Cr. No. C-09-064.
June 11, 2009
ORDER GRANTING MOTION TO SUPPRESS
The defendant, Cesar Vega, is charged with unlawfully dealing in firearms, 18 U.S.C. §§ 922(a)(1)(A), 923(a), and 924(a)(1)(D), and with attempting to export firearms, 18 U.S.C. § 554. The defendant moves to suppress all statements and evidence obtained by Texas Department of Public Safety Trooper Carlos Martinez following a traffic stop of Vega on December 21, 2008. For the reasons stated below, the Court GRANTS the defendant's motion and suppresses all statements and evidence obtained by the government in connection with the traffic stop.
On December 21, 2008, at approximately 10:32 a.m., Trooper Martinez saw the defendant's 2007 GMC pickup truck driving southbound on Highway 59, within the city limits of Beeville, Texas, towing an open, flatbed trailer carrying four all-terrain vehicles. When Trooper Martinez checked for the trailer's registration on his in-car computer, the computer responded with "no record." As a result, Trooper Martinez stopped the defendant to investigate if the trailer was registered. Vega pulled his pickup and trailer into a car wash parking lot in Beeville.
Upon Trooper Martinez's request, Vega gave Trooper Martinez registration paperwork for the trailer, which showed it to be recently registered and homemade. Trooper Martinez testified that he was concerned because the registration's description of the trailer as "homemade" did not appear consistent with Vega's trailer, which Trooper Martinez recognized as factory-made. Specifically, the trailer contained professional-looking welds, diamond-plated fenders, and a wrap-harness not commonly observed on homemade trailers. Martinez suspected that the trailer might be stolen.
Before obtaining confirmation that the trailer was stolen, Trooper Martinez began to suspect that one of the four all-terrain vehicles on the trailer might also be stolen. He observed and testified that the Kawasaki Mule ("the Mule") appeared to have a fresh layer of paint covering a number of some kind on its hood. When Trooper Martinez asked Vega if he had registration paperwork for the Mule, Vega first told him that he was in possession of the requested paperwork. After Vega was unable to locate it, he changed his answer and told Trooper Martinez that the seller agreed to mail the paperwork to Mexico.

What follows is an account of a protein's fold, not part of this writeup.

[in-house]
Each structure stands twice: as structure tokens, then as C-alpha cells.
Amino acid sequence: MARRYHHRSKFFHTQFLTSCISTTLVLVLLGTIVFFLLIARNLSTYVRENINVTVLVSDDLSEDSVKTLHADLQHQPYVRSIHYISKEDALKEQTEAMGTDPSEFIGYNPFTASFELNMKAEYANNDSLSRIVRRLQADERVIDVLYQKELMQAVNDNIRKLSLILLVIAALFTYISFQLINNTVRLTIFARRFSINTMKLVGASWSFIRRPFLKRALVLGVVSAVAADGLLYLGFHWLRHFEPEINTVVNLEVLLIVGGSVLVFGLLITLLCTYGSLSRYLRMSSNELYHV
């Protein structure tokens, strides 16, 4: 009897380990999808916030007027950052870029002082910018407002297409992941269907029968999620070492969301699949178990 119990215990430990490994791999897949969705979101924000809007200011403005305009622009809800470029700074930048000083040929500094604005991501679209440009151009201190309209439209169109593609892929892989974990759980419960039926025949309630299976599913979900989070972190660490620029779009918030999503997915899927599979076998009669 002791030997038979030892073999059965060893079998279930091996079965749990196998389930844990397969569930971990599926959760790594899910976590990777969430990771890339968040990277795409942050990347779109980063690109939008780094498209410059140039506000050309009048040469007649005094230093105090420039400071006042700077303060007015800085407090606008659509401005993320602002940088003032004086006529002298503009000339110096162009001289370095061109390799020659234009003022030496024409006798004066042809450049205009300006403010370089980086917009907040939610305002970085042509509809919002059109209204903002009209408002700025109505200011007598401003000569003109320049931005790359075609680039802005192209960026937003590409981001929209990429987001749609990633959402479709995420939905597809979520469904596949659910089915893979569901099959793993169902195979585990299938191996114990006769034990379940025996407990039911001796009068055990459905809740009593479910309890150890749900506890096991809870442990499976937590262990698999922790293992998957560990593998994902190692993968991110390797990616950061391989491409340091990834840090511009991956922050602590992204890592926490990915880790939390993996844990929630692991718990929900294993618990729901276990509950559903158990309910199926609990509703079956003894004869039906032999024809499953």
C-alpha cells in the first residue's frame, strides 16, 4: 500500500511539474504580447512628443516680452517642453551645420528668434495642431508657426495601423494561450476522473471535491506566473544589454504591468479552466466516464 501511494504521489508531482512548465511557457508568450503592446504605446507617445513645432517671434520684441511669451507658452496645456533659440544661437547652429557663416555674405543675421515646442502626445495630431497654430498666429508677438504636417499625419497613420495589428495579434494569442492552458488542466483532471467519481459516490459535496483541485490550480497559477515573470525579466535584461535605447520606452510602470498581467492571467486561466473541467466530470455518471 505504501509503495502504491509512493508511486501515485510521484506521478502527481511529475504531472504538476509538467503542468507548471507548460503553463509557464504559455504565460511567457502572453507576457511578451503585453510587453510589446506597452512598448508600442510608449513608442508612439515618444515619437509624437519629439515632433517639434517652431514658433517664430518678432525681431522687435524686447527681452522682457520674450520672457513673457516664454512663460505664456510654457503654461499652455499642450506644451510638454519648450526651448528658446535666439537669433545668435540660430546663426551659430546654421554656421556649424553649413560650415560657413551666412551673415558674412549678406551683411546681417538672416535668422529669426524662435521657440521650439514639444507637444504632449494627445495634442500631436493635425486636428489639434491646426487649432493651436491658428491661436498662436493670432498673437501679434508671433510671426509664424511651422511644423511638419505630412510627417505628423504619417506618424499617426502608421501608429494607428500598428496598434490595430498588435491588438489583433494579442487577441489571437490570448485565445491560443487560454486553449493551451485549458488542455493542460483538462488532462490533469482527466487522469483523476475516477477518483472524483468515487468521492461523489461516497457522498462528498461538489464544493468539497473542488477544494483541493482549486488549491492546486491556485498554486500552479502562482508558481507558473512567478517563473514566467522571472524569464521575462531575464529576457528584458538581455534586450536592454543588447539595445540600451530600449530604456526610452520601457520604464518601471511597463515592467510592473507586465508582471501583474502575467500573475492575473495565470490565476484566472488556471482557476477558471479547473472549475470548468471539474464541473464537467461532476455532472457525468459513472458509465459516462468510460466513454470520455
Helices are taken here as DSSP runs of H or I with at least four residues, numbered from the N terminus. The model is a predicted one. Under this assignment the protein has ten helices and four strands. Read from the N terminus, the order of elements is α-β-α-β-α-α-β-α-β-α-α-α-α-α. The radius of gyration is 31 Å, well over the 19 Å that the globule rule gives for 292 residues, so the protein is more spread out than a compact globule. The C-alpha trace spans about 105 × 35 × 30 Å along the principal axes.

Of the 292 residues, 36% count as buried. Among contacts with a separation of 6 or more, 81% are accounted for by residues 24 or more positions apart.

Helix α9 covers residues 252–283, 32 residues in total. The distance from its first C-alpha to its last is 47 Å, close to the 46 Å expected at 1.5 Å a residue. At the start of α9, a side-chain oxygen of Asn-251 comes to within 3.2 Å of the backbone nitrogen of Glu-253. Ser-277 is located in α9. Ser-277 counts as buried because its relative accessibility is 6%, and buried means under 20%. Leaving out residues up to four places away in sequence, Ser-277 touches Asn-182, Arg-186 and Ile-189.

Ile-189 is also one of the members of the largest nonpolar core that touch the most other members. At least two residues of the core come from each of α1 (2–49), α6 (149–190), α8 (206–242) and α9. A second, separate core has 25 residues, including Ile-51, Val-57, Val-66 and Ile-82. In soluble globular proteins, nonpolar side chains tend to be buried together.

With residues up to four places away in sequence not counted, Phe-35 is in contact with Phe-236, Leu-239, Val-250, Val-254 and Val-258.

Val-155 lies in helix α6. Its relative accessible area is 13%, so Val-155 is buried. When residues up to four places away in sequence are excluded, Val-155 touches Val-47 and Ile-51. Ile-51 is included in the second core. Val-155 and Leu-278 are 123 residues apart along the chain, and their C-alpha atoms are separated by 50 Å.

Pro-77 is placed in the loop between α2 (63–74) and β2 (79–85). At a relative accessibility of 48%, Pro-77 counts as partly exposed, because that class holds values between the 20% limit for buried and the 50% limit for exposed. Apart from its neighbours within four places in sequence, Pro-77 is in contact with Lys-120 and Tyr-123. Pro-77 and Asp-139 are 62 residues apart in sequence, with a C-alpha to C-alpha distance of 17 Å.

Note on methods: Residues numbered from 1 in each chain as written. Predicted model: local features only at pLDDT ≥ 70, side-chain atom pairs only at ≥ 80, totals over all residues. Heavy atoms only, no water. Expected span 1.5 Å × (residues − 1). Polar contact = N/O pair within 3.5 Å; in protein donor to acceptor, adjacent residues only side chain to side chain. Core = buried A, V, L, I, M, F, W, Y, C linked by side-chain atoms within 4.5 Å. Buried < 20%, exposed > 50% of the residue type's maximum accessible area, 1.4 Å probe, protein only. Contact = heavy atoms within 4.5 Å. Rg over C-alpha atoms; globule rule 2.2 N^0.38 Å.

Because of this response, Trooper Martinez requested and received the defendant's permission to inspect the Vehicle Identification Number ("the VIN") for the Mule. According to the trooper, he was unable to locate the VIN even after retrieving an officer's handbook containing VIN locations for various vehicles. Trooper Martinez also testified that he was not in possession of any tool kit that would have assisted him in obtaining access to the number.
Trooper Martinez then told the defendant to follow him to the Bee County Sheriff's Department garage, which was three miles away from the car wash. Trooper Martinez testified that it was not his intent to place the defendant under arrest and that Vega was not free to leave at this time. The United States does not argue that Trooper Martinez had probable cause at this time to arrest Vega.
After arriving at the garage, Trooper Martinez promptly located the identification number for the Mule without using any special tools. The trooper accessed the Mule's VIN by simply removing a strap and lifting the seat, a process that this Court finds could have been performed at the car wash parking lot. Upon confirming that the Mule was stolen, Trooper Martinez told the defendant that he was under arrest.
After placing Vega under arrest, but before providing Miranda warnings, Trooper Martinez asked Vega if he was traveling "with a large amount of currency and/or guns." The defendant answered yes to both items and retrieved a pistol case from beneath the center console. The nylon case did not contain a gun, but it did contain over $10,000 of U.S. currency concealed in the lining. After further questioning, Vega revealed that multiple guns were hidden in the upright portion of the rear seat, accessible through a plastic factory liner. Trooper Martinez discovered five guns in total, each wrapped with black electrical tape, and various calibers of ammunition.
II. AnalysisThe defendant moves to suppress the responses he gave to Trooper Martinez's inquiries and the guns and money obtained from the defendant's vehicle. Specifically, the defendant argues that the subjects of his motion are the products of an unlawful detention, unlawful arrest, and an unlawful custodial interrogation under the Fourth and Fifth Amendments.
a. The Detention and Arrest of the Defendant
First, the defendant maintains that the traffic stop constituted an unreasonable search and seizure under the Fourth Amendment. Traffic stops are limited seizures that are analyzed under the two prong test of Terry v. Ohio, 88 S.Ct. 1868 (1968). See United States v. Jenson, 462 F.3d 399, 403 (5th Cir. 2006). Under Terry, in determining whether the stop was unreasonable, the Court must determine whether the stop was justified at its inception and whether it was reasonably related in scope to the circumstances which justified the interference. Id. at 1879.
i. Justified at its Inception